Category Archives: two point seat

How to Half Halt in Light Seat (also known as two-point seat/half-seat)

This question popped up during one of my lessons last week so although probably obvious to many jumping oriented riders, it might be interesting to explore for the others so let’s have a look at half-halting without fully sitting in the saddle.

Light seat is a very useful technique both for young horses whose backs tire quickly and for older horse’s as a relaxation and freedom giving way of riding between the jumps or out hacking. It is of no benefit if, the moment the rider lifts the seat off the saddle, the horse loses his balance, speeds up or drops his weight heavily on the forehand.

VIDEO: My own training – light seat to full seat back to light seat

Here is a short video of myself balancing a very powerful mare with on-the-forehand tendencies using frequent half-halts through my upper body, actions of the knees and passive resistance of the reins in short intervals in light seat.

The horse should be able to be as balanced in light seat in basic gaits as he is when ridden in full seat. It’s the test of the rider’s balance for sure but all riders can learn it providing their leg joints can withstand some time with increased weight baring.

When I teach half-halt for the very first time to my Foundation level riders, I start from making sure we have the ingredients to approach the half-halt and so we need to know the following basics:

1. Can you increase and decrease the size of the steps of the pace with your weight aids and leg aids?

2. Are you aware of how upper body’s angle affects the above?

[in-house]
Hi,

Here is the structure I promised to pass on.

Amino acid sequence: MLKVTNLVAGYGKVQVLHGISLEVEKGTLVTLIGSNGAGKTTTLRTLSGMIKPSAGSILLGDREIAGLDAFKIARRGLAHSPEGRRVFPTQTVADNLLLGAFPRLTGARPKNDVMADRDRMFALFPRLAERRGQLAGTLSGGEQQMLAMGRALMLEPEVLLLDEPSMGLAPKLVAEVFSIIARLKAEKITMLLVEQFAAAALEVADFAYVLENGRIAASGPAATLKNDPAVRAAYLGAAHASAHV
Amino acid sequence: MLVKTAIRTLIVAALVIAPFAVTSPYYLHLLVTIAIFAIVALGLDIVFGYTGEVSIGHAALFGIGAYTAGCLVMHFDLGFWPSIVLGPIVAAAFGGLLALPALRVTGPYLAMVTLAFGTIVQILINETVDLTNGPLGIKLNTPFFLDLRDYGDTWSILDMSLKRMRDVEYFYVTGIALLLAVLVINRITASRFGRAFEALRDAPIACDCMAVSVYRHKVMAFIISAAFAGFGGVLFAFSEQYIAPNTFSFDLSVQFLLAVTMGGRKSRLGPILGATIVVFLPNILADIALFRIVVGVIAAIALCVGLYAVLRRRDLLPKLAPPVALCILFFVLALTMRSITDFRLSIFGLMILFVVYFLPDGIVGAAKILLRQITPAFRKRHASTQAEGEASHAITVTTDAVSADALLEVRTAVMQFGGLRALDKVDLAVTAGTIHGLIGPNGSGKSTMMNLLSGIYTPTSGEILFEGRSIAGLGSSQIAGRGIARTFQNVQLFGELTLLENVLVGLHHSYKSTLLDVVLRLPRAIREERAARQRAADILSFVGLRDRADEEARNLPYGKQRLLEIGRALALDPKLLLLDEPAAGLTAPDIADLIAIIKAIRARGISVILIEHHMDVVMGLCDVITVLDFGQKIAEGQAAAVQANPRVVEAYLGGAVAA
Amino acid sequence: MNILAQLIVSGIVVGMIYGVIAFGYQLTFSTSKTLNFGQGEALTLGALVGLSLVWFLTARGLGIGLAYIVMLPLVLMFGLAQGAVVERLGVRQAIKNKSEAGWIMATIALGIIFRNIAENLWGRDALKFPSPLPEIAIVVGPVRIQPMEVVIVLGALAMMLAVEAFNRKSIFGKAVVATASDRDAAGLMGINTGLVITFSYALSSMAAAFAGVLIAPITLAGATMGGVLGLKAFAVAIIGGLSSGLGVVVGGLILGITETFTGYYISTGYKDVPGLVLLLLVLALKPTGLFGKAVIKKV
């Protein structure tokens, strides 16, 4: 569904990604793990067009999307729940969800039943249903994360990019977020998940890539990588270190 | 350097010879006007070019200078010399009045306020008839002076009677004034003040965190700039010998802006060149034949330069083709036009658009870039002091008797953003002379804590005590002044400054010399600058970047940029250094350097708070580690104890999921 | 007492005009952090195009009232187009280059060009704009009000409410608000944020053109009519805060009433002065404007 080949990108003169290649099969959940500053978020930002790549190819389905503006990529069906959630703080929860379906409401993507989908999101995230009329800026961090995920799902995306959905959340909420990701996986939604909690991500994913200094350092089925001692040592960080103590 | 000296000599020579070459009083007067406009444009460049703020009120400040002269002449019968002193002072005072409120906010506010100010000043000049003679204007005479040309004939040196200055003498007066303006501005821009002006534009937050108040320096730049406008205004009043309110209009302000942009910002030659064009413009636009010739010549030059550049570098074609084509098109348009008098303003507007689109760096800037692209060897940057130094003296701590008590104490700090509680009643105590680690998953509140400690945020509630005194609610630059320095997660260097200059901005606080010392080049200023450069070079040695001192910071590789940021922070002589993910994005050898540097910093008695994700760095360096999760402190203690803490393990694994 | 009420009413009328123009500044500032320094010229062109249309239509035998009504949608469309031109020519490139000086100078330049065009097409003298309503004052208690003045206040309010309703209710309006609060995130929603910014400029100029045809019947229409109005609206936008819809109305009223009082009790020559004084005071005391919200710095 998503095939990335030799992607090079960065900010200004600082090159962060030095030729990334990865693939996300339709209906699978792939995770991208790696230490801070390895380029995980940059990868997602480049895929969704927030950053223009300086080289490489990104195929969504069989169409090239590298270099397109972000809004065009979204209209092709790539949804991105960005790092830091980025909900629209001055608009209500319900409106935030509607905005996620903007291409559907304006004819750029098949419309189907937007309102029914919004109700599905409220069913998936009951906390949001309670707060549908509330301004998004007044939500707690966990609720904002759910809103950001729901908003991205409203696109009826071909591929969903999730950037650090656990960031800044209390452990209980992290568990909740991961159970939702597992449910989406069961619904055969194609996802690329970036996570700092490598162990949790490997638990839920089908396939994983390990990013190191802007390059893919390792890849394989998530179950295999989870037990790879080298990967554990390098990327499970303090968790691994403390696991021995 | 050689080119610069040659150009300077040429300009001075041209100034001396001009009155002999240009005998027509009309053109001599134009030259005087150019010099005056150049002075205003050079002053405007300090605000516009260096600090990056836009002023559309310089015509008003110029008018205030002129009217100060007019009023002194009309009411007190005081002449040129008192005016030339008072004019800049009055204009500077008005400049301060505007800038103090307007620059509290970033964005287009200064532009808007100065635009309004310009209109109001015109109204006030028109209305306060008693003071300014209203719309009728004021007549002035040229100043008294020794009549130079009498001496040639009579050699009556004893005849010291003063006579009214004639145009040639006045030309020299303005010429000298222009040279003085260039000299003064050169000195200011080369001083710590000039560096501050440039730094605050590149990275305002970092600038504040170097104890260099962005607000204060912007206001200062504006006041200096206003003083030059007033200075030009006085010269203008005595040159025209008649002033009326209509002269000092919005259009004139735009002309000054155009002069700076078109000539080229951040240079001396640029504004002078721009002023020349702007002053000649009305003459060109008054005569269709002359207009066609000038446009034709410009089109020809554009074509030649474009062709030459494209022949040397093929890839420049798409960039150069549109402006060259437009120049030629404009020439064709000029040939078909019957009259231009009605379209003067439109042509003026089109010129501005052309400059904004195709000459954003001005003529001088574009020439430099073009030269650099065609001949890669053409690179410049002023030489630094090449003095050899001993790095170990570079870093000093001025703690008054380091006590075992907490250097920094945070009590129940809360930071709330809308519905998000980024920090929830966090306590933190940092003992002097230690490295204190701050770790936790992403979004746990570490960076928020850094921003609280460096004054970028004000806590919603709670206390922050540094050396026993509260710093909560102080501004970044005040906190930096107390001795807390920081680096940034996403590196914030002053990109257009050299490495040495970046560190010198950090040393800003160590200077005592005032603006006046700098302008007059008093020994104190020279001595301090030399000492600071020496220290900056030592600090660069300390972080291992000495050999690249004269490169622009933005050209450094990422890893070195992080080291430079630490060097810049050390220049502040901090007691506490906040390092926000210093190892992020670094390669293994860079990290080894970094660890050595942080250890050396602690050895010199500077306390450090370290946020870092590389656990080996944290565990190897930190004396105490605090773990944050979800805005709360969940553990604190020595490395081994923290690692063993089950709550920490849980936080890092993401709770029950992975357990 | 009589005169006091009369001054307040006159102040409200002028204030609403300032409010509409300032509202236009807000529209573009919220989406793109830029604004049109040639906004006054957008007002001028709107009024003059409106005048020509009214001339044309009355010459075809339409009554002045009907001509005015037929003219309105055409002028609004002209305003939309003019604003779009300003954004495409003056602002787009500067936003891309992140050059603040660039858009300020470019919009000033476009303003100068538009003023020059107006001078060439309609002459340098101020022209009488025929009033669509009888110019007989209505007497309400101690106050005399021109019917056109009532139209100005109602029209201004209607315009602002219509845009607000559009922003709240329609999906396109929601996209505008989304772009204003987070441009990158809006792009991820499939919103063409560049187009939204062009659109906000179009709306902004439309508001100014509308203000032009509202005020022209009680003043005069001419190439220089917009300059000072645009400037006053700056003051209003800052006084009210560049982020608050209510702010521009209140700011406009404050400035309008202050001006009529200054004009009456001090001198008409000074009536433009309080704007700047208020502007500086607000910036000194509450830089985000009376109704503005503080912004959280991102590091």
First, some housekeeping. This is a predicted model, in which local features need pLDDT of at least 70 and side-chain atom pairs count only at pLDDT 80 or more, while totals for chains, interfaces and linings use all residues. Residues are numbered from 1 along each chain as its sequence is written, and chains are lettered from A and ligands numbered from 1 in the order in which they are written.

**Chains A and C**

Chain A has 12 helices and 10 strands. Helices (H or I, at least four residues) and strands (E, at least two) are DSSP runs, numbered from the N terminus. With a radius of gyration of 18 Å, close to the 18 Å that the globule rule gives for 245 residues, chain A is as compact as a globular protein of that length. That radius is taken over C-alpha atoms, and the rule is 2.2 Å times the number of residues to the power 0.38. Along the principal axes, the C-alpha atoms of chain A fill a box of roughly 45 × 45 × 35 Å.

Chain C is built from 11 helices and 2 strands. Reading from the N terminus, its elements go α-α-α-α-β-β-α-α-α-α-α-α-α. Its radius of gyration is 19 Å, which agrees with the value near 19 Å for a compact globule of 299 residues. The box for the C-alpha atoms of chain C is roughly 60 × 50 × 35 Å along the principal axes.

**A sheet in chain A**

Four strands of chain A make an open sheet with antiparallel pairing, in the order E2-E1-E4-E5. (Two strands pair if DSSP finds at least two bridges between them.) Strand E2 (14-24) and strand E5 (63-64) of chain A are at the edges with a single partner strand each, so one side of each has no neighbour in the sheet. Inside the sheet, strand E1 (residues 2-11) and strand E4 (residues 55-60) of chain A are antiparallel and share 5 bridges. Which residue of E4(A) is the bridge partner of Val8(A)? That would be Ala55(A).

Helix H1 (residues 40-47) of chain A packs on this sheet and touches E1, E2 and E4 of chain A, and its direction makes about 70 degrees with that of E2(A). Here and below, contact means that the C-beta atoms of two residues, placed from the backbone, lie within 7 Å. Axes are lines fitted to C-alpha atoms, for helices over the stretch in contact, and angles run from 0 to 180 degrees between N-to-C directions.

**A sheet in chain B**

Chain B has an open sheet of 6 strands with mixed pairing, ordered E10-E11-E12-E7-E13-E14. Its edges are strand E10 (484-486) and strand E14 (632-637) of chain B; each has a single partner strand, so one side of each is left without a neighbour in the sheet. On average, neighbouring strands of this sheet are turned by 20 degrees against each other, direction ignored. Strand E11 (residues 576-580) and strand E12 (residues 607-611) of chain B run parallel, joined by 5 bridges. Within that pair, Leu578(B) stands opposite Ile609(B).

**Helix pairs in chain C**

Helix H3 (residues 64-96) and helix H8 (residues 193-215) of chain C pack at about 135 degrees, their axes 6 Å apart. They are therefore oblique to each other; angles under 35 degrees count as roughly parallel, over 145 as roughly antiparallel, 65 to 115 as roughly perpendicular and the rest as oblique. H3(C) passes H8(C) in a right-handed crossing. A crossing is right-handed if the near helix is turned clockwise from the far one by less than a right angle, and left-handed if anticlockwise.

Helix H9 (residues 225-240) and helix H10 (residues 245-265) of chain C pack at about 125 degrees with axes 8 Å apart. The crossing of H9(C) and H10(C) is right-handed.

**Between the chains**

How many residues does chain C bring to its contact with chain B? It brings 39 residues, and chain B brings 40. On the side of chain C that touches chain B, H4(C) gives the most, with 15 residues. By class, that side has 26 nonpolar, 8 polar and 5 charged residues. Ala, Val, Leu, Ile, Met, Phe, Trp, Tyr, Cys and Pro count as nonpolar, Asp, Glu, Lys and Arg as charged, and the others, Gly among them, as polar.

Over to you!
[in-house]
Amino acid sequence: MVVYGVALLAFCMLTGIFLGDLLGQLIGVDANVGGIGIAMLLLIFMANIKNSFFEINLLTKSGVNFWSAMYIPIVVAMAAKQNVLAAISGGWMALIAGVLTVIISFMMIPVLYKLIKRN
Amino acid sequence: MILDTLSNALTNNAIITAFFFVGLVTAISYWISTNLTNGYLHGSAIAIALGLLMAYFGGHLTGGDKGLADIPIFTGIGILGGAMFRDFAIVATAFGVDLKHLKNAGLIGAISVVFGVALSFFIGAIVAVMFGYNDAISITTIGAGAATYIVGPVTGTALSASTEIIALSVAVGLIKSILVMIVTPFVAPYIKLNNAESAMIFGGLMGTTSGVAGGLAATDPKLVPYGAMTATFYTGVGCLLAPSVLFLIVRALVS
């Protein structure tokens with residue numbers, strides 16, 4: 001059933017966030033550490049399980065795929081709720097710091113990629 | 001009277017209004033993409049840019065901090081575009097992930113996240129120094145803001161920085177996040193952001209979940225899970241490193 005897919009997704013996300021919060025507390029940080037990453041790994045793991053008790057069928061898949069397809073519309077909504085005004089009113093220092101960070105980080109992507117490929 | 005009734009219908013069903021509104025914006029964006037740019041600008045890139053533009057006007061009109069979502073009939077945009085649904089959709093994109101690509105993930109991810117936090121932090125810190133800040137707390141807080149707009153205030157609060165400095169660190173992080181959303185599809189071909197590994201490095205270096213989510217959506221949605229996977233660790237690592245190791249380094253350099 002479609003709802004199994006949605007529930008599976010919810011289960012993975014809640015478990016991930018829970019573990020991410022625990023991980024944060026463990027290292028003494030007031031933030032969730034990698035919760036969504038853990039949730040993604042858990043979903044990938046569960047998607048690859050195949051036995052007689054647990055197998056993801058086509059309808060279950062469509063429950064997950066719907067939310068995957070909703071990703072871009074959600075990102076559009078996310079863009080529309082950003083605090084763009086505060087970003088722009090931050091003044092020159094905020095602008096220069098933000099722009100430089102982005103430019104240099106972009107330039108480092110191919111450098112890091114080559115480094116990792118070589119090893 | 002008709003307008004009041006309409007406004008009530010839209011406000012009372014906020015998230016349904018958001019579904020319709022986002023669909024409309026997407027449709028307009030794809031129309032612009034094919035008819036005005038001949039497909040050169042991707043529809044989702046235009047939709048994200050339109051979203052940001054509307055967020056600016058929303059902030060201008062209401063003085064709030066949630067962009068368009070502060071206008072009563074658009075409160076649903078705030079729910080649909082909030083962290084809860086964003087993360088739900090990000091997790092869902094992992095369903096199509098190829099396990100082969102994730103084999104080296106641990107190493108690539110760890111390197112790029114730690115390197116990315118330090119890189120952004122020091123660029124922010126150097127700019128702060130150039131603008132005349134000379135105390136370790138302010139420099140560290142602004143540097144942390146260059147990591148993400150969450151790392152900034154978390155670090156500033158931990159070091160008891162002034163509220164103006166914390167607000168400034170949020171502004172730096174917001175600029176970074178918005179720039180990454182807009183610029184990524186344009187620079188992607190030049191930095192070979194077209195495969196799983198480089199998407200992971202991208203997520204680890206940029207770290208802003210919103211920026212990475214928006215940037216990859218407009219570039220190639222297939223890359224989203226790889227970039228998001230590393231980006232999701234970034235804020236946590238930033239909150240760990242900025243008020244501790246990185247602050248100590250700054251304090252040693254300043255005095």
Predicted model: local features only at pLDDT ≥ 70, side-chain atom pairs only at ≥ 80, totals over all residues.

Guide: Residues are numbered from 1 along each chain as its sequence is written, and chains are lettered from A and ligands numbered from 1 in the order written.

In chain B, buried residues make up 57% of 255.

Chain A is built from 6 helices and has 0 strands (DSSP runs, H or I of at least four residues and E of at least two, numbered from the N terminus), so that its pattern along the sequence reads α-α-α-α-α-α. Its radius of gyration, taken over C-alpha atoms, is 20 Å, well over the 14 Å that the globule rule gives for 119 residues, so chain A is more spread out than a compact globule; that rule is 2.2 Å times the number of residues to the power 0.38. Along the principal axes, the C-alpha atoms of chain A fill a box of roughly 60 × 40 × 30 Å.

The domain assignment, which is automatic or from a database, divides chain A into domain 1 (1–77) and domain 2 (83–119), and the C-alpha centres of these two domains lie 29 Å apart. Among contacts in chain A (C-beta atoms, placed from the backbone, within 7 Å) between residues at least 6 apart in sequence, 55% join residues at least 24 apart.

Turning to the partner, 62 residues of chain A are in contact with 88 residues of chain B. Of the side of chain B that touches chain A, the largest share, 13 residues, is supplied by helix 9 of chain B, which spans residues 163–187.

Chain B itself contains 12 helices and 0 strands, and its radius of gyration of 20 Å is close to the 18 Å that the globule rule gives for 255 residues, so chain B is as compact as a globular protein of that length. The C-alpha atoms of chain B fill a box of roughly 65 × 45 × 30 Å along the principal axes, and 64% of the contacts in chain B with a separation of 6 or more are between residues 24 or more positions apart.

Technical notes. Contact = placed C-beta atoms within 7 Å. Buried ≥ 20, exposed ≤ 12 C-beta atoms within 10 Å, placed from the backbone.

3. Do you know what it means and how to passively resists through the upper body, arms and reins?

4. Can you soften the resistance without losing your own balance?

If the above are not in place in walk and trot, I continue to work on the seat and direct transitions (which are like “pre-school/kindergarden half halts” for both the rider and the horse) until the rider has all the above skills within basic grasp.

For the purpose of this little chat we are going to assume you have the above basics in place 🙂 Without them, “half halts” are often just direct pulls on the reins at random moments…Let’s start.

An ex-racehorse with his owner in one of our lessons. He struggles with balance on circles and slower canter in the arena is pointless to him. Riding him in full seat is not the answer as his back needs time to adjust from race work to arena work – learning to answer half halts in light seat is important for his soundness.

There are plenty of ways of teaching, understanding and explaining the process of a half-halt: before transitions, before going sideways, after transitions, within paces etc etc but my personal choice is to think of it as an instruction to the horse that says: “now, re-balance under my seat”.  

This way, I cover front to back (longitudinal) half halt, sideways (lateral) halt halt and vertical balance (up/down half halt) as well as discipline in the rider: if the horse is to balance under rider’s seat, that seat needs to be defined and stable enough to balance under.